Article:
RENO — Jay Norvell had some very specific plans for the Fremont Cannon on Saturday.
“We told our players before the game that we wanted to win the game, take a picture of the scoreboard with the cannon and that we wanted to put the cannon back outside our offices on Monday,” the Wolf Pack coach said.
The Wolf Pack players followed orders, beating the UNLV Rebels, 23-16, and keeping the cannon blue and on campus for the second consecutive season. A crowd of just 17,359, the smallest to watch a Fremont Cannon game at Mackay Stadium since 1989, saw the Wolf Pack beat the Rebels at home for the first time since 2011.
“That shows we were confident that we were going to show that we were the better team,” said Wolf Pack quarterback Ty Gangi, referring to Norvell’s pre-game plans to take a celebration photo with the cannon after the game. “The whole game, all we were saying was, ‘We have to keep the cannon. We can’t lose the cannon.’”
The Wolf Pack has now won 11 of its last 13 games against UNLV. The two losses during that stretch, though, were both at Mackay Stadium, in 2013 and 2015.
“This is huge,” said Gangi, who engineered two touchdown drives late in the second half to wipe out a 16-9 UNLV lead. “We kept the cannon blue and we kept it where it belongs.”
Gangi completed 24-of-33 passes for 266 yards and two touchdowns and running back Kelton Moore ran for 109 yards and the game-winning 1-yard touchdown with 7:34 to play, breaking a 16-16 tie. But it was a play by the defense that seemed to turn the game around for the Wolf Pack.
The Rebels led 16-9 and were facing a 4th-and-1 play at the Wolf Pack 9-yard line with just over four minutes to play in the third quarter. Instead of attempting a short field goal, hoping to extend the lead beyond a touchdown, the Rebels chose to go for the first down. Wolf Pack defensive end Korey Rush, though, stopped Rebel running back Lexington Thomas for no gain.
“It was a big play,” Rush said. “The linebackers flew to the ball, the whole defense was great. The unsung hero on plays like that is Hausia Sekona. He plays a true nose tackle and he does a great job of holding the point so the rest of us can make plays.”
The play seemed to breathe life into the Pack offense and the entire stadium.
“Football is a game of emotions and I think the momentum shifted after that play,” said Gangi, who is now 2-0 against UNLV as a Wolf Pack starting quarterback.
“That really was the turning point of the game,” said Norvell of Rush’s tackle on Thomas late in the third quarter.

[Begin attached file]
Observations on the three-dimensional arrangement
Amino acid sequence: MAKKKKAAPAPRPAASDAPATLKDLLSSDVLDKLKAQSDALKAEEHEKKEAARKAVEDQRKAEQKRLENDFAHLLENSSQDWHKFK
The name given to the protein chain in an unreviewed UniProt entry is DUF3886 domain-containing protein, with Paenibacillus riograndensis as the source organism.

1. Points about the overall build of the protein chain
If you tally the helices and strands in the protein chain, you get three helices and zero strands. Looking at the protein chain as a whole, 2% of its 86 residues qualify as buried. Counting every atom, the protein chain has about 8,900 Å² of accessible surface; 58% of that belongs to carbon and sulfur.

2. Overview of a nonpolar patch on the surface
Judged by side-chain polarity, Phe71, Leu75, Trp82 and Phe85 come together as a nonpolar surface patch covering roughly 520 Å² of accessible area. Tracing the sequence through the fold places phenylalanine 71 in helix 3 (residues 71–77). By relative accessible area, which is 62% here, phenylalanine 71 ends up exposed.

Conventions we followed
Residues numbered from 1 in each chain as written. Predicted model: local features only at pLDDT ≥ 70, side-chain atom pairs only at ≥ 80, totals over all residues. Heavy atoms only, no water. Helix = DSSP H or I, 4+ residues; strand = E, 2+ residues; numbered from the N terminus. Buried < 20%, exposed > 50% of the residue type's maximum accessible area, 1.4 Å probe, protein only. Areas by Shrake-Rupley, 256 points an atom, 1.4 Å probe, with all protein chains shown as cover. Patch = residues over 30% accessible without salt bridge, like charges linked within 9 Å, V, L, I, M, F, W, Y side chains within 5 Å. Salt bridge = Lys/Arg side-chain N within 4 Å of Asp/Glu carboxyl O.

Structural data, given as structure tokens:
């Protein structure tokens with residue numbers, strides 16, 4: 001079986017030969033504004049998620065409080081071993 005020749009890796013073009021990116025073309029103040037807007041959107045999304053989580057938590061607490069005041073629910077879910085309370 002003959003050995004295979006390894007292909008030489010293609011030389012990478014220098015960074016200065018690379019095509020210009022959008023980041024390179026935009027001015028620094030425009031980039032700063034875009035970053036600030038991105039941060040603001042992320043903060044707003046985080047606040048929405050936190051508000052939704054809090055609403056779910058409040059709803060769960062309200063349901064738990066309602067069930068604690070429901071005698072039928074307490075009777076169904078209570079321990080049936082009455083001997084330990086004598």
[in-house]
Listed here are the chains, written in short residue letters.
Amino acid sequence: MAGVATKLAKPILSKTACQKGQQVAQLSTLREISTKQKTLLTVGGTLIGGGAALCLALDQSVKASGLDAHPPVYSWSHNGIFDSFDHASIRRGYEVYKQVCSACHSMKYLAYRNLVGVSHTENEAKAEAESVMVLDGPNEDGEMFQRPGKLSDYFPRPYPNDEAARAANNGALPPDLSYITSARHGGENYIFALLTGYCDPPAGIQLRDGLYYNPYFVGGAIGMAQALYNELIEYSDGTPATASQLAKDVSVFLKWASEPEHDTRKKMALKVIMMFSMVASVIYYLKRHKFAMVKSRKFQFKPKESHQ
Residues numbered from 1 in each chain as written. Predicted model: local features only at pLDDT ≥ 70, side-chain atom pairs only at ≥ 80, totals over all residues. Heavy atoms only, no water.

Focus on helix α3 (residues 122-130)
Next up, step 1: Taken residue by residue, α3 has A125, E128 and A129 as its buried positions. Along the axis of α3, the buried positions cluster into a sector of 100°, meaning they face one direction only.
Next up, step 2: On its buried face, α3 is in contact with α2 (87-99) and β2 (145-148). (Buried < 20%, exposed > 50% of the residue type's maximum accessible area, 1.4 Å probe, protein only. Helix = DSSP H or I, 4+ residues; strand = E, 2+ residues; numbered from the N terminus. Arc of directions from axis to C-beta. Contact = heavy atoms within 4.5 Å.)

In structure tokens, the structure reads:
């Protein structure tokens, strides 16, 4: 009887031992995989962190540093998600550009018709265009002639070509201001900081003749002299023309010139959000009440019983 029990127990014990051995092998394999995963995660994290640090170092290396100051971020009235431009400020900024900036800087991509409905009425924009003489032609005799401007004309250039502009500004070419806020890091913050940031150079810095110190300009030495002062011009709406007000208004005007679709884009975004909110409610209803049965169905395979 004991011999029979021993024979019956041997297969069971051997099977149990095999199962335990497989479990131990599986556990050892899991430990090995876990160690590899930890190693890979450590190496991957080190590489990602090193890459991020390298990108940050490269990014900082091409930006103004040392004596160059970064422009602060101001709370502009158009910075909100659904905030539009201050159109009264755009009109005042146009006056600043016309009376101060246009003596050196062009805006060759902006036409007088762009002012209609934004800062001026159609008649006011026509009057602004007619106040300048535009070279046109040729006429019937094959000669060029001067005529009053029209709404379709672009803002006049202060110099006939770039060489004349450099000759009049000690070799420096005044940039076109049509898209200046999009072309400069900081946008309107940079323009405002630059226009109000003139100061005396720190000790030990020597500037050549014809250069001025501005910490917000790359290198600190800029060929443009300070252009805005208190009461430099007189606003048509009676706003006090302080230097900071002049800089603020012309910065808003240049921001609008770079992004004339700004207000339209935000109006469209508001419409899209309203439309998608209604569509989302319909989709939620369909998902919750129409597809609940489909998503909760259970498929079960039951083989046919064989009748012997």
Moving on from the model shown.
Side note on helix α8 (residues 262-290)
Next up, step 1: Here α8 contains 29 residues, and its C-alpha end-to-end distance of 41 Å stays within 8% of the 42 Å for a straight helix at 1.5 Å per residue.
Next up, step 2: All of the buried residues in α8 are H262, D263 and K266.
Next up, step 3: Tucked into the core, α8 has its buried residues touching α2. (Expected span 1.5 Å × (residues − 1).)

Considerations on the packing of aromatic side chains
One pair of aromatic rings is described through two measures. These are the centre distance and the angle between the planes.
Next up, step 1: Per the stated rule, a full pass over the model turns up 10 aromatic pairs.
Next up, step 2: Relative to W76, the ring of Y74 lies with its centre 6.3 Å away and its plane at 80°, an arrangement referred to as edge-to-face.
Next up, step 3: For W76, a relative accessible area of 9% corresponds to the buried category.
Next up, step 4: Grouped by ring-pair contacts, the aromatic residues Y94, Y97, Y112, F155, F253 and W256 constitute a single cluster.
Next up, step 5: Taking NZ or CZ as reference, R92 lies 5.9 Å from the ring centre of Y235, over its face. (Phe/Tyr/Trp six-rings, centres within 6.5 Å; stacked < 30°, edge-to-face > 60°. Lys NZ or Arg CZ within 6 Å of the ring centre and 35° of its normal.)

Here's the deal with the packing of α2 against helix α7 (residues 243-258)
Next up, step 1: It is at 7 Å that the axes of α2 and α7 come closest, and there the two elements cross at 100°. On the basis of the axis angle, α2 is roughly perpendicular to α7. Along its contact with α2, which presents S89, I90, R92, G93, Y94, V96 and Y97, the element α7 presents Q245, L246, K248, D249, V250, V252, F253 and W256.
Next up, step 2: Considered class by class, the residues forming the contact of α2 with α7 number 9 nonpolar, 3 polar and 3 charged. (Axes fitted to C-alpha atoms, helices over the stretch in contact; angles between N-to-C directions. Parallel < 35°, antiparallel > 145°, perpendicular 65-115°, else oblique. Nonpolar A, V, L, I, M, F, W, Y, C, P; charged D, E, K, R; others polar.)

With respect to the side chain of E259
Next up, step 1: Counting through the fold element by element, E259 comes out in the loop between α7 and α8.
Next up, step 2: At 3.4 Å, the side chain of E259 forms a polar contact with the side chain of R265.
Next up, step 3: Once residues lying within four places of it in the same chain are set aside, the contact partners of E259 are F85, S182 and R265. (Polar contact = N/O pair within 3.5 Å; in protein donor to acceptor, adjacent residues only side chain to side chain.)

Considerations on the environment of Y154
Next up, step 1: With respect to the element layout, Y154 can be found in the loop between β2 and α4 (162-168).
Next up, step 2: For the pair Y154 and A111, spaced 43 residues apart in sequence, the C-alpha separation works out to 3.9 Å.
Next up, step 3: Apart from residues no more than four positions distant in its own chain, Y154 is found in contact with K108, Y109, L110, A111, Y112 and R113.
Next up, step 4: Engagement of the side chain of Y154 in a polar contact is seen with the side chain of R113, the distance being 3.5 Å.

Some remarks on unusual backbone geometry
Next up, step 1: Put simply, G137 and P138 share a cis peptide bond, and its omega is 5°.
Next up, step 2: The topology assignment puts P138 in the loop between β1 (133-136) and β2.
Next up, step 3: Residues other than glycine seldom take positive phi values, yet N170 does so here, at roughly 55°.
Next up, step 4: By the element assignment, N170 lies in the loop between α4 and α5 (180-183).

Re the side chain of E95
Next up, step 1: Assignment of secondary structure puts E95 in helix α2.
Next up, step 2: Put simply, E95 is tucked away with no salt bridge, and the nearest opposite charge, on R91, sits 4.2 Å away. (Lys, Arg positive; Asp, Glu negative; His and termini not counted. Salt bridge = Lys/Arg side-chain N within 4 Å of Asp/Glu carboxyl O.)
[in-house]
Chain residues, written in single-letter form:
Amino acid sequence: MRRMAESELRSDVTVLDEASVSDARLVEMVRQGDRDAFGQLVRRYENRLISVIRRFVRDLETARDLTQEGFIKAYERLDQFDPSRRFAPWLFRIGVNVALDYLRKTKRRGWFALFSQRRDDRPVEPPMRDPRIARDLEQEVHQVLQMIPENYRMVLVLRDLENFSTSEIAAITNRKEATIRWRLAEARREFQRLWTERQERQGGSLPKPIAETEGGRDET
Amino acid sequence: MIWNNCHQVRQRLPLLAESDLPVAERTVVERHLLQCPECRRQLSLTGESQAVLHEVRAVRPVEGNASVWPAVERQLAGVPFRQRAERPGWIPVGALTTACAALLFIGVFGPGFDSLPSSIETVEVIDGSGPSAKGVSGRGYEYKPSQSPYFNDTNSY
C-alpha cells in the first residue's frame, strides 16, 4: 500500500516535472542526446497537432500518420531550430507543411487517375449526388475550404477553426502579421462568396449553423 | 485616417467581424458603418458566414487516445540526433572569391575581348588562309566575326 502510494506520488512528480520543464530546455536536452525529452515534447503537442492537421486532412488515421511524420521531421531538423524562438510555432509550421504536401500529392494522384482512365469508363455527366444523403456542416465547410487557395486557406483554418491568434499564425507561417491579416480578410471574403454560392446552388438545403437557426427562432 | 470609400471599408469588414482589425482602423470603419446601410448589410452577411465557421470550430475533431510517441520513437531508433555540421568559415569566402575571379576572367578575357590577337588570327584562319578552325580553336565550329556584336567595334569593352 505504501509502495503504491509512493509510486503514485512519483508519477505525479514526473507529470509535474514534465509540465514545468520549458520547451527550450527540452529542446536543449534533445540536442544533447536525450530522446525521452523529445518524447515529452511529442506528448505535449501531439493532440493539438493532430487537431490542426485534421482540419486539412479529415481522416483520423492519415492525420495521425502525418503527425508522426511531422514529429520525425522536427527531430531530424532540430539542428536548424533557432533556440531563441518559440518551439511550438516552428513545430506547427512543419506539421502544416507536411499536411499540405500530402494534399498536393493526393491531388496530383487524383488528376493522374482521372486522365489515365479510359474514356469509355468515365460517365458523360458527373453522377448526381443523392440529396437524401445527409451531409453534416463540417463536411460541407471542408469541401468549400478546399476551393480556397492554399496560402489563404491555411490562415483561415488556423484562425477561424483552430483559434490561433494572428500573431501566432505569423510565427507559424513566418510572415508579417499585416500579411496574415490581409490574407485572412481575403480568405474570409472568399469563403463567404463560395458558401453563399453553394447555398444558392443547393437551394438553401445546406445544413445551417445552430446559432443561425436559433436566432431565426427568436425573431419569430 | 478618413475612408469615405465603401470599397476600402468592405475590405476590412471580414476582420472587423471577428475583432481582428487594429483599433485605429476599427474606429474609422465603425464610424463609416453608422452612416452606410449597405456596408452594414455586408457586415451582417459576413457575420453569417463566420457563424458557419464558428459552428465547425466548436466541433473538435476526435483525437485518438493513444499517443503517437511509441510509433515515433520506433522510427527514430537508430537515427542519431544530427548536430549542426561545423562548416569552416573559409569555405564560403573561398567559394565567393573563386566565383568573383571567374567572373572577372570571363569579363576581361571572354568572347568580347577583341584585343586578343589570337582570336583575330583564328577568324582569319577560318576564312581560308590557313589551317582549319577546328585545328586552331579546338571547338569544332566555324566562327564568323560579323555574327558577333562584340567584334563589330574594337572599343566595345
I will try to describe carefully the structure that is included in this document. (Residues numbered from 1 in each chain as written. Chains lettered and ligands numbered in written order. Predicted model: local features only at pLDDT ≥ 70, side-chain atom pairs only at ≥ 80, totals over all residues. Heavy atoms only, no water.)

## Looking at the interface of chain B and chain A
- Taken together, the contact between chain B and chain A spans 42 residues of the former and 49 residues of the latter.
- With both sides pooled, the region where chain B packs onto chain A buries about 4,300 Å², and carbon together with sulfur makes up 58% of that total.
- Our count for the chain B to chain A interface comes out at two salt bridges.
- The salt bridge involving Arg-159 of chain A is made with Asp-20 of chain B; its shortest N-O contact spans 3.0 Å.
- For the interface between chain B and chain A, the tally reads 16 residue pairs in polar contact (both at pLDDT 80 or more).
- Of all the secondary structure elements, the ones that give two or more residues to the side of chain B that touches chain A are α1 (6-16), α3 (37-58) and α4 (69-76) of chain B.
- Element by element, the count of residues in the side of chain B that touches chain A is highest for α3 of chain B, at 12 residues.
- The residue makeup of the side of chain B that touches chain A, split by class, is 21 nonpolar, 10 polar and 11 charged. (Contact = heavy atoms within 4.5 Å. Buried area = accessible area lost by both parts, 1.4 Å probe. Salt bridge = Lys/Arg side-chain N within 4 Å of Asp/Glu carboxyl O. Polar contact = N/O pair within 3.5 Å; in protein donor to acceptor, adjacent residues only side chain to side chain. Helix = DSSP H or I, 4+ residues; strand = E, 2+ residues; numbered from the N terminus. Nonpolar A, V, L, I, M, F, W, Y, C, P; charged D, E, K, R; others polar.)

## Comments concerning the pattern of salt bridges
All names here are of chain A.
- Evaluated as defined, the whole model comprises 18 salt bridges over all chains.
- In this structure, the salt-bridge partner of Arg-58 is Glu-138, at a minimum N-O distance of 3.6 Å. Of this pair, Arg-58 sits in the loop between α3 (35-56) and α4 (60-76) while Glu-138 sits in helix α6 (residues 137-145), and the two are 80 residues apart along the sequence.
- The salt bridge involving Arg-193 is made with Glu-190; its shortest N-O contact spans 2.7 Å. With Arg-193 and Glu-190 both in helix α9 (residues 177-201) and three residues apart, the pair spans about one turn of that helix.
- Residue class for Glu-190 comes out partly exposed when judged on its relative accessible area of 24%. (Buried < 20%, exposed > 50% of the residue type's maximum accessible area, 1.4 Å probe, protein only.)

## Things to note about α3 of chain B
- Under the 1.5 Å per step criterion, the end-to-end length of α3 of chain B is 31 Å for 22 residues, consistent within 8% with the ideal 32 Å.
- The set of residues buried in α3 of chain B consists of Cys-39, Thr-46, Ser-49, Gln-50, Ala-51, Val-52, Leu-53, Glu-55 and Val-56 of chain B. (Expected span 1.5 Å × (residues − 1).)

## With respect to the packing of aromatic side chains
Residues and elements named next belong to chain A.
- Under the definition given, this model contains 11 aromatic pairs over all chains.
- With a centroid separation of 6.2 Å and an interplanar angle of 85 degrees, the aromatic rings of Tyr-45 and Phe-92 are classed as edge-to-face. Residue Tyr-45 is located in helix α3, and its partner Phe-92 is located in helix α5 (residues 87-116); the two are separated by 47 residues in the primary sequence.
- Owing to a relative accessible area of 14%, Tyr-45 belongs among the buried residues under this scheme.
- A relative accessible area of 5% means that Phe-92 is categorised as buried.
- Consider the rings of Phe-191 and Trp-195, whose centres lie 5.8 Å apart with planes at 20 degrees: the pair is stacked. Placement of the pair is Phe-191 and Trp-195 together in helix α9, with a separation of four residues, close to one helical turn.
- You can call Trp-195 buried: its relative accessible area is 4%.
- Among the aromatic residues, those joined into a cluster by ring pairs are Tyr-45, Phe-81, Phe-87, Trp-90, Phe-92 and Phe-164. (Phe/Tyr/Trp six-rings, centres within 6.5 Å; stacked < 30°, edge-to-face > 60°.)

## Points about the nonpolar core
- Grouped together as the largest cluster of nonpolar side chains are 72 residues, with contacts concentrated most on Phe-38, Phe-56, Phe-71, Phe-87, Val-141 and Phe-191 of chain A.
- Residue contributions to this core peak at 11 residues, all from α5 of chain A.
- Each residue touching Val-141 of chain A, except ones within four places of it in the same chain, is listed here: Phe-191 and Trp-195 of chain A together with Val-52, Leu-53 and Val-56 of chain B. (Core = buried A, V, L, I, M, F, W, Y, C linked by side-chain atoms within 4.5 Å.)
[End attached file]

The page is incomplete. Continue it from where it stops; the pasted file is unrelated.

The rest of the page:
Gangi and the offense took advantage of the momentum shift almost immediately. The junior quarterback put together an efficient 10-play, 91-yard drive to tie the game at 16-16 with just 41 seconds to play in the third quarter.
Moore ran the ball three times for 16 yards on the drive and Gangi completed three-of-four passes for 35 yards, including the 6-yard touchdown pass to Trevion Armstong in the back of the end zone right in front of the goal post. A trick play — a wide receiver pass by Andrew Celis to McLane Mannix — also netted 28 yards down to the Rebel 22-yard line on the fifth play of the drive.
“A lot of times the offense didn’t do what we needed to do and we made a lot of mistakes,” said Gangi, who opened the scoring against the Rebels with a 21-yard touchdown pass to Wyatt Demps on the Pack’s third offensive play of the game. “But we did what we needed to do when we needed to do it.”
The Wolf Pack defense forced two punts on UNLV’s first two drives of the fourth quarter as Rush and Austin Paulhus took turns sacking Rebel quarterback Armani Rogers. Gangi and Moore then took turns moving the Pack offense down the field for the game-winning touchdown.
Gangi found Celis for gains of 27 and 15 yards on the first two plays of the drive, which started at the Wolf Pack 39-yard line with 10:52 to play. Moore took over from there, picking up 17 yards on four carries, including the 1-yard touchdown for a 23-16 Pack lead. The drive also featured a strange and risky lateral pass from Gangi back to offensive tackle Austin Corbett that lost a yard back to the UNLV 11-yard line on the fourth play of the drive.
“I was mad that didn’t go for a touchdown,” smiled Gangi. “It was kind of a fun play.”
The Pack defense seemed to have the most fun against the Rebels. The Wolf Pack held the Rebels to just 324 total yards, the second fewest yards by a Pack opponent this year behind the 302 San Jose State gained at Mackay Stadium two weeks ago. The Pack sacked Rogers three times and held him to just 160 yards through the air on 12-of-23 passing. The Rebels also averaged just 3.3 yards on 50 carries (164 total yards) on the ground.
“They like to run the ball and keep the ball away from you,” Norvell said. “Our defense has had a tough time lately. They haven’t played particularly well. But, boy, did they come up big (Saturday).”
UNLV took its 16-9 lead on a 12-yard touchdown run by Rogers and three field goals (24, 37 and 53 yards) by Evan Pantels. The Wolf Pack defense, though, held UNLV without a point on the Rebels’ last four drives of the game.
“The pressure on their quarterback was real important,” Norvell said. “This quarterback (Rogers) is a very dangerous guy, especially when he gets into the open field.”
Rogers ran the ball 23 times for just 49 net yards. The Wolf Pack had seven tackles for 30 yards in losses, led by Rush’s three tackles for a loss and two by Patrick Choudja.
“This season wasn’t what we wanted it to be but it’s great that we ended it on a great note,” Rush said.
The Wolf Pack’s season (3-9 overall, 3-5 in the Mountain West) ends without a bowl invitation for the second consecutive year. UNLV (5-7, 4-4) fell a game short of earning a bowl invitation thanks to the loss to the Wolf Pack.
“It was all about the cannon but the fact that they aren’t going to a bowl because of us is kind of like a little cherry on top,” Rush said.